Prospect of US ending stimulus could drag on Europe's commercial property market
European commercial property prices may fall as much as 5 per cent in response to last month's signals that the US Federal Reserve is likely to rein in its support for the economy later this year, real estate experts said.
Fed chief Ben Bernanke's declaration that it could end its programme of bond-buying next year was a watershed moment for financial markets grown used to a steady drip of support from central banks.
For European property markets it will slow what was already a patchy recovery as the sovereign debt crisis continues to depress business sentiment and tenant demand.
"Property is priced for sustained stimulus," said Jefferies analyst Mike Prew, who downgraded six British property stocks including British Land, Hammerson and Land Securities on Wednesday.
"Ending QE is like passing the baton to the last runner in an Olympic relay race and in this case it will be dropped."
One result of the Fed curbing its stimulus measures is rising bond yields, which means investors typically demand higher yields to own property, a riskier asset because it is slower and more expensive to buy and sell and risks vacancy.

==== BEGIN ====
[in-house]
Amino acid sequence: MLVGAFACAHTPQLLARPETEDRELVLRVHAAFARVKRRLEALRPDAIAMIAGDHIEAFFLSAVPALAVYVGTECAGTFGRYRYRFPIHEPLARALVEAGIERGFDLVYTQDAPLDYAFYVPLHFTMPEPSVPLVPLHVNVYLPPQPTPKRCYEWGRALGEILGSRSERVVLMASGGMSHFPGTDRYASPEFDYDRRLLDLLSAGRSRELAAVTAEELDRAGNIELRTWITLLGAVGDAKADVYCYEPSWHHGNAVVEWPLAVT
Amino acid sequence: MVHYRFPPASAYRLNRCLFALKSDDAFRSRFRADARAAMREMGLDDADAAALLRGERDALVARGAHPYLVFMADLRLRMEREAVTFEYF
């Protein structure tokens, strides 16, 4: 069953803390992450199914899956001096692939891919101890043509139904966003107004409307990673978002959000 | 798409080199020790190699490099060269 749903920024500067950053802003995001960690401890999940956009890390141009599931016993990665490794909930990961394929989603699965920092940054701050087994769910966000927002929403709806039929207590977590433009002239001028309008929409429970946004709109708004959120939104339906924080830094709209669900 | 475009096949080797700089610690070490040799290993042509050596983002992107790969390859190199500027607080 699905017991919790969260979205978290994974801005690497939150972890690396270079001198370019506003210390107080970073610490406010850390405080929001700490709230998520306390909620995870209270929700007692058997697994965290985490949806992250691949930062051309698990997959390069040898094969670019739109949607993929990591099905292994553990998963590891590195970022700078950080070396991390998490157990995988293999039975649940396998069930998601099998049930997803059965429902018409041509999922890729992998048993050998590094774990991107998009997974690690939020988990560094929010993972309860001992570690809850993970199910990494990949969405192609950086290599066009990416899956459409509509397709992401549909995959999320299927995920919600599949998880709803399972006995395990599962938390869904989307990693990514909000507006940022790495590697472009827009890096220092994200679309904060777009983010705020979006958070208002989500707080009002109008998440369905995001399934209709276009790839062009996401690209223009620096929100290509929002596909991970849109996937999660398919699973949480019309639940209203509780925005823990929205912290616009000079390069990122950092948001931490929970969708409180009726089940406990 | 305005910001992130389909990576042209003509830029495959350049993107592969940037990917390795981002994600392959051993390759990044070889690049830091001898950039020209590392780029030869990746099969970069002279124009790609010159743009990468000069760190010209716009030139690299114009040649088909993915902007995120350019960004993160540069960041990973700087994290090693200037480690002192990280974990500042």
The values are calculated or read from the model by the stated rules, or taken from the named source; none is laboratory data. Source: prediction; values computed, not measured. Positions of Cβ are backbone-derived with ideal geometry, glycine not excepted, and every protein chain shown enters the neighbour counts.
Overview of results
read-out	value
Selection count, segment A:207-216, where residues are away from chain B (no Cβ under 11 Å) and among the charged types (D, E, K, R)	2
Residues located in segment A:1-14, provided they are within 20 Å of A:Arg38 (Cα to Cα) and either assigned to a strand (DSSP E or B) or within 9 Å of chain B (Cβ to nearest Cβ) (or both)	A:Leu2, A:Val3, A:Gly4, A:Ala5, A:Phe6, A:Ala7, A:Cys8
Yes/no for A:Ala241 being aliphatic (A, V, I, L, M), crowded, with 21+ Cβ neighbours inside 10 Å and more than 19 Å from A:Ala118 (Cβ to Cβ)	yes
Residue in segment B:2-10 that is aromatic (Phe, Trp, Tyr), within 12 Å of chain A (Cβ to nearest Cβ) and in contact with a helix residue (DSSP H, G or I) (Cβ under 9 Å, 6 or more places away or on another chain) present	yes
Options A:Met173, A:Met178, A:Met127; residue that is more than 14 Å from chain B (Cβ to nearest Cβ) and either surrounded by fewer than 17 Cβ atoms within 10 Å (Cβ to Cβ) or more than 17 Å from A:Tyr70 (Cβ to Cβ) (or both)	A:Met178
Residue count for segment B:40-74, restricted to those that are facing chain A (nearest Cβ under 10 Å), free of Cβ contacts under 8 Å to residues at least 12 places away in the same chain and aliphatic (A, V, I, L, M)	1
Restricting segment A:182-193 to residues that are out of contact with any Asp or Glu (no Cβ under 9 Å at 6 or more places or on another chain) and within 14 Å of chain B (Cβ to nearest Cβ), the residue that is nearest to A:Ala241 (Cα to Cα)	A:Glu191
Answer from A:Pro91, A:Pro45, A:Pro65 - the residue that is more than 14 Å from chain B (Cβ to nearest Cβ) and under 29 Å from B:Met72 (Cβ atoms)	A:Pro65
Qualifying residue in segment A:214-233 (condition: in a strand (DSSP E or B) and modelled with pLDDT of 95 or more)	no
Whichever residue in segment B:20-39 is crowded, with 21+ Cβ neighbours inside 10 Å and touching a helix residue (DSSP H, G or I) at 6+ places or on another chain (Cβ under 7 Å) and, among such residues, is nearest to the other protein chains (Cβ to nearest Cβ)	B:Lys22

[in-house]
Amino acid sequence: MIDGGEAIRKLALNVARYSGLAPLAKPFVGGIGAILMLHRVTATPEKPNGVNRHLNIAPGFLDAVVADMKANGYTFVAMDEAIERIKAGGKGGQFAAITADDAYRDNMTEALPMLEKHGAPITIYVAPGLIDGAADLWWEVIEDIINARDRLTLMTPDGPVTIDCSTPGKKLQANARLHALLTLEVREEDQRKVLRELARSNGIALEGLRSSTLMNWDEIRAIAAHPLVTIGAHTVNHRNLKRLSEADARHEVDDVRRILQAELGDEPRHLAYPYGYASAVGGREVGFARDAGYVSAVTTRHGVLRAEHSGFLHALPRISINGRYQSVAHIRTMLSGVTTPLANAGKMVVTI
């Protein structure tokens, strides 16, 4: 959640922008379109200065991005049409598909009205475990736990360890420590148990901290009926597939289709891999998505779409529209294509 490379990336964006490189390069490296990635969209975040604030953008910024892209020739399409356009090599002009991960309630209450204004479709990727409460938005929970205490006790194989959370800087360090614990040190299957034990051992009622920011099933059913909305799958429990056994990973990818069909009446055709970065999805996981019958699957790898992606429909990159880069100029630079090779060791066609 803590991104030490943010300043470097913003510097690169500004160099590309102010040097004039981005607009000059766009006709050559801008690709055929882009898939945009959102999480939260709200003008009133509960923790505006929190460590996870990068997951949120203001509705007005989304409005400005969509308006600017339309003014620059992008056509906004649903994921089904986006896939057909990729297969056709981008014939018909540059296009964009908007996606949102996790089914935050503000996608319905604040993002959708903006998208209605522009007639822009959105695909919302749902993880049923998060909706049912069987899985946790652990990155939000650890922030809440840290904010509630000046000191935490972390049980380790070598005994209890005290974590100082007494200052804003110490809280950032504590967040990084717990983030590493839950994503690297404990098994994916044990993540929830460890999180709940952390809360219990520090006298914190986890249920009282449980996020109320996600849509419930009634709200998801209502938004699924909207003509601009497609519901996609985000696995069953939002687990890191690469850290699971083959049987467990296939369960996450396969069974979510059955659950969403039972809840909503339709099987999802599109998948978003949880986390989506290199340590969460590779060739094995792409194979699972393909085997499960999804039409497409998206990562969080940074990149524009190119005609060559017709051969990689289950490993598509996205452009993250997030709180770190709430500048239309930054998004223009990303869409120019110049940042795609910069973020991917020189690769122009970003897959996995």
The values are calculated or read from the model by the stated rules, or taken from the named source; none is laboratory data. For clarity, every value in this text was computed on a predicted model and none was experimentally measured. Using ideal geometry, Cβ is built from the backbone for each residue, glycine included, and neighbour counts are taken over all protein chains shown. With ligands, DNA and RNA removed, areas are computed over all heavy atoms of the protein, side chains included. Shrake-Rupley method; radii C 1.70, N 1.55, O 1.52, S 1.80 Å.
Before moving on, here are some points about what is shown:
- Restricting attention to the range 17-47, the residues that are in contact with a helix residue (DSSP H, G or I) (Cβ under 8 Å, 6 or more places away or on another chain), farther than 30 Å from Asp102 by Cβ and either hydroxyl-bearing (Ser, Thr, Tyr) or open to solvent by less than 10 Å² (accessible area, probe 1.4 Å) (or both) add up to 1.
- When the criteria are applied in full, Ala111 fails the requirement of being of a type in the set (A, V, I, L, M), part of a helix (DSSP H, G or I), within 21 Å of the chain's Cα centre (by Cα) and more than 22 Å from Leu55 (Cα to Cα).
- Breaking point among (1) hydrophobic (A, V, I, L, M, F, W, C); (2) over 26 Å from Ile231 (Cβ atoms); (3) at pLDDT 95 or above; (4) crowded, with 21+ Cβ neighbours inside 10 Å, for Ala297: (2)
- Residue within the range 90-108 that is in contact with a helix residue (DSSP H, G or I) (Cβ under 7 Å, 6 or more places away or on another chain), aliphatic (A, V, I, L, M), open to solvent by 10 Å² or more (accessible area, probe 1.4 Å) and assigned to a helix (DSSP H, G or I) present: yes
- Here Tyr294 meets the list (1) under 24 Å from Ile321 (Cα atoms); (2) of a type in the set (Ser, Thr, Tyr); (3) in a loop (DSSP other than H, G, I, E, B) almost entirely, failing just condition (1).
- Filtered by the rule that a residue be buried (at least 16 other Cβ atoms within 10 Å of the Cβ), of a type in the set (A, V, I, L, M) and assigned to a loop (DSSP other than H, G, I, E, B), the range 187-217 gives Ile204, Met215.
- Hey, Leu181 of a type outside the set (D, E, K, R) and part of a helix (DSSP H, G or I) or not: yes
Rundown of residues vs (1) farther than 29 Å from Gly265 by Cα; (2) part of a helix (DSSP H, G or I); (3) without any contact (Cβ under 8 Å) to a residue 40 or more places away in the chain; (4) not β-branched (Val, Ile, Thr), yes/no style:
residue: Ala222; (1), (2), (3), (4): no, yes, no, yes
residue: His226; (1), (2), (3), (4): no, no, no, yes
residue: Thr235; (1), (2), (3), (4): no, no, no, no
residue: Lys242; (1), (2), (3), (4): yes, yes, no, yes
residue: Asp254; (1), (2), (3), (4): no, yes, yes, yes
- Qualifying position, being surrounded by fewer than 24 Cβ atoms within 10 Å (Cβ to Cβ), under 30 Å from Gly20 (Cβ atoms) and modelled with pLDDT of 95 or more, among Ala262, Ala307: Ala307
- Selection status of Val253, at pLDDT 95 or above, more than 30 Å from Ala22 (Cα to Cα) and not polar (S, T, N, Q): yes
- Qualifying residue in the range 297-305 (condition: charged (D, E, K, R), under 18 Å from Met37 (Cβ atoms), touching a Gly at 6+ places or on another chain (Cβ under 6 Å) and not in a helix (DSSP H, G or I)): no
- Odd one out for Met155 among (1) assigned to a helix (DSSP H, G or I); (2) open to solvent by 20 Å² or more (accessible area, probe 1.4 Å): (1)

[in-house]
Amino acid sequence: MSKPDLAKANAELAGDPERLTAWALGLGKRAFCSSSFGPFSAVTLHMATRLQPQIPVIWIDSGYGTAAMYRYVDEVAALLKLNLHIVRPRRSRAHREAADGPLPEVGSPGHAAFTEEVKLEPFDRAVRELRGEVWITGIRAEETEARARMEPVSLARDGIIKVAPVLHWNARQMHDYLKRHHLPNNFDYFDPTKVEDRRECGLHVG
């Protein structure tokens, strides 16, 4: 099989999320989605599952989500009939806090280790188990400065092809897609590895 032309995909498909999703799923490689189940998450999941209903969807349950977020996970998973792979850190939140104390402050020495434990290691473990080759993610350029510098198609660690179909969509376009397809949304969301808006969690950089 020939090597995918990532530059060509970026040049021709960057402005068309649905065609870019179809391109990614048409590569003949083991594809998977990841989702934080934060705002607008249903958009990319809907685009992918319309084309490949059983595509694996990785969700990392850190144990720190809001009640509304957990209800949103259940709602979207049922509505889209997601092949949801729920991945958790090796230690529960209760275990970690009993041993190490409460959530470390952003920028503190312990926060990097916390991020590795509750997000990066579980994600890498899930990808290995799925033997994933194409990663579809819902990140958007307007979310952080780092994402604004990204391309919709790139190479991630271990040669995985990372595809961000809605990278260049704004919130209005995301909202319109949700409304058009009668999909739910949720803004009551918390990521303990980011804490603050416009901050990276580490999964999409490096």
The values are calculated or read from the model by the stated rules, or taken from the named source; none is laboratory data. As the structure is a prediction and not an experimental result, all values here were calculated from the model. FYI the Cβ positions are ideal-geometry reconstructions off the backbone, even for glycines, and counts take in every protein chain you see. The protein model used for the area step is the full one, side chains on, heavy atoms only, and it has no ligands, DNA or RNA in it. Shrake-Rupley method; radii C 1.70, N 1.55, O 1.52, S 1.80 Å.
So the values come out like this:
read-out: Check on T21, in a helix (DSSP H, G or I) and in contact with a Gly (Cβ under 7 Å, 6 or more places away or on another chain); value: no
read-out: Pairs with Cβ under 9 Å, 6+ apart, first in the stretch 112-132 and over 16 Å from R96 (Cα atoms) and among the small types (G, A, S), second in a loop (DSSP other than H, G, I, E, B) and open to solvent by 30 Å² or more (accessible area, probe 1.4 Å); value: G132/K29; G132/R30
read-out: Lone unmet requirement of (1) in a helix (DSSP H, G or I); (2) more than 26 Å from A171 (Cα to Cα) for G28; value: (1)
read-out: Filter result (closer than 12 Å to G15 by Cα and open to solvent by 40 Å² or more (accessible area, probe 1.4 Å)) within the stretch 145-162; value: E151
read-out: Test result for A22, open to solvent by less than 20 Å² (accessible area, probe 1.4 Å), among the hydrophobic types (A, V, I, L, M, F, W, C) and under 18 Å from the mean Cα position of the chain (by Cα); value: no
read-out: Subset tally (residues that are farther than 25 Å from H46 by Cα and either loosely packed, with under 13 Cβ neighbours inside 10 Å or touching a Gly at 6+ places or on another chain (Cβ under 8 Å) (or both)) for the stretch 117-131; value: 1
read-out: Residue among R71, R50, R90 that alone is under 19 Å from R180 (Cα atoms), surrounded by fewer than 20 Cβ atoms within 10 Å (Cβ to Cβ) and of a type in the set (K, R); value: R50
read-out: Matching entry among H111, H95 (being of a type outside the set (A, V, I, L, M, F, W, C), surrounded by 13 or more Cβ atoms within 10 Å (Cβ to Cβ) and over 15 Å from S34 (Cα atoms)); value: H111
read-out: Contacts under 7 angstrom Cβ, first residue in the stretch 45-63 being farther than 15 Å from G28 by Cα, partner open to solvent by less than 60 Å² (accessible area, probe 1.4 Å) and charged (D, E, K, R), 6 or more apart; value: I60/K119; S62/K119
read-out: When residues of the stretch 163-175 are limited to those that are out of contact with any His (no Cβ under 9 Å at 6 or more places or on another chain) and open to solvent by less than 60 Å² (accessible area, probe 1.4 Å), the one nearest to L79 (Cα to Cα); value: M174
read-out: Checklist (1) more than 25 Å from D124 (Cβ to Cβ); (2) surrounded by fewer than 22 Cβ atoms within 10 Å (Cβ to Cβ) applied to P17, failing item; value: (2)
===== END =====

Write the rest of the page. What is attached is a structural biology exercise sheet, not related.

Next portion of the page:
Bond yields have already risen in Europe in anticipation of QE ending, although property yields take longer to follow suit as changes rely on valuers, a method based on more subjectivity and evidence of deals collected historically. Either way, small changes would have a big impact on prices.
An office block with rental income of €5 million (HK$50 million) at a yield of 5 per cent makes the building worth €100 million. At a yield of 6 per cent, it is only worth €83 million.
At a time when most of Europe's major economies are either in recession or still struggling to get back to healthier growth, rental prices for offices, shops and warehouses are unlikely to rise in the near future, making a boost for property values from that side unlikely.
Prew forecasts UK property yields will rise 25 basis points, giving an average 3 per cent fall in prices over the next year if rents stay flat, versus the 3 per cent rise he forecast at the start of 2013.
Chris Simmons, founder of research company Real Estate Forecasting, expects a similar rise in Europe, which means a 5 per cent fall based on a 5 per cent yield and countries with weaker economies and rental demand like Spain and France at most risk, he said.
European commercial rents are lagging compared to other parts of the world.
There was no European city in the top 15 locations for annual rises in office occupancy costs, a measure largely driven by rents, in the first quarter of this year, according to data from property consultant CBRE.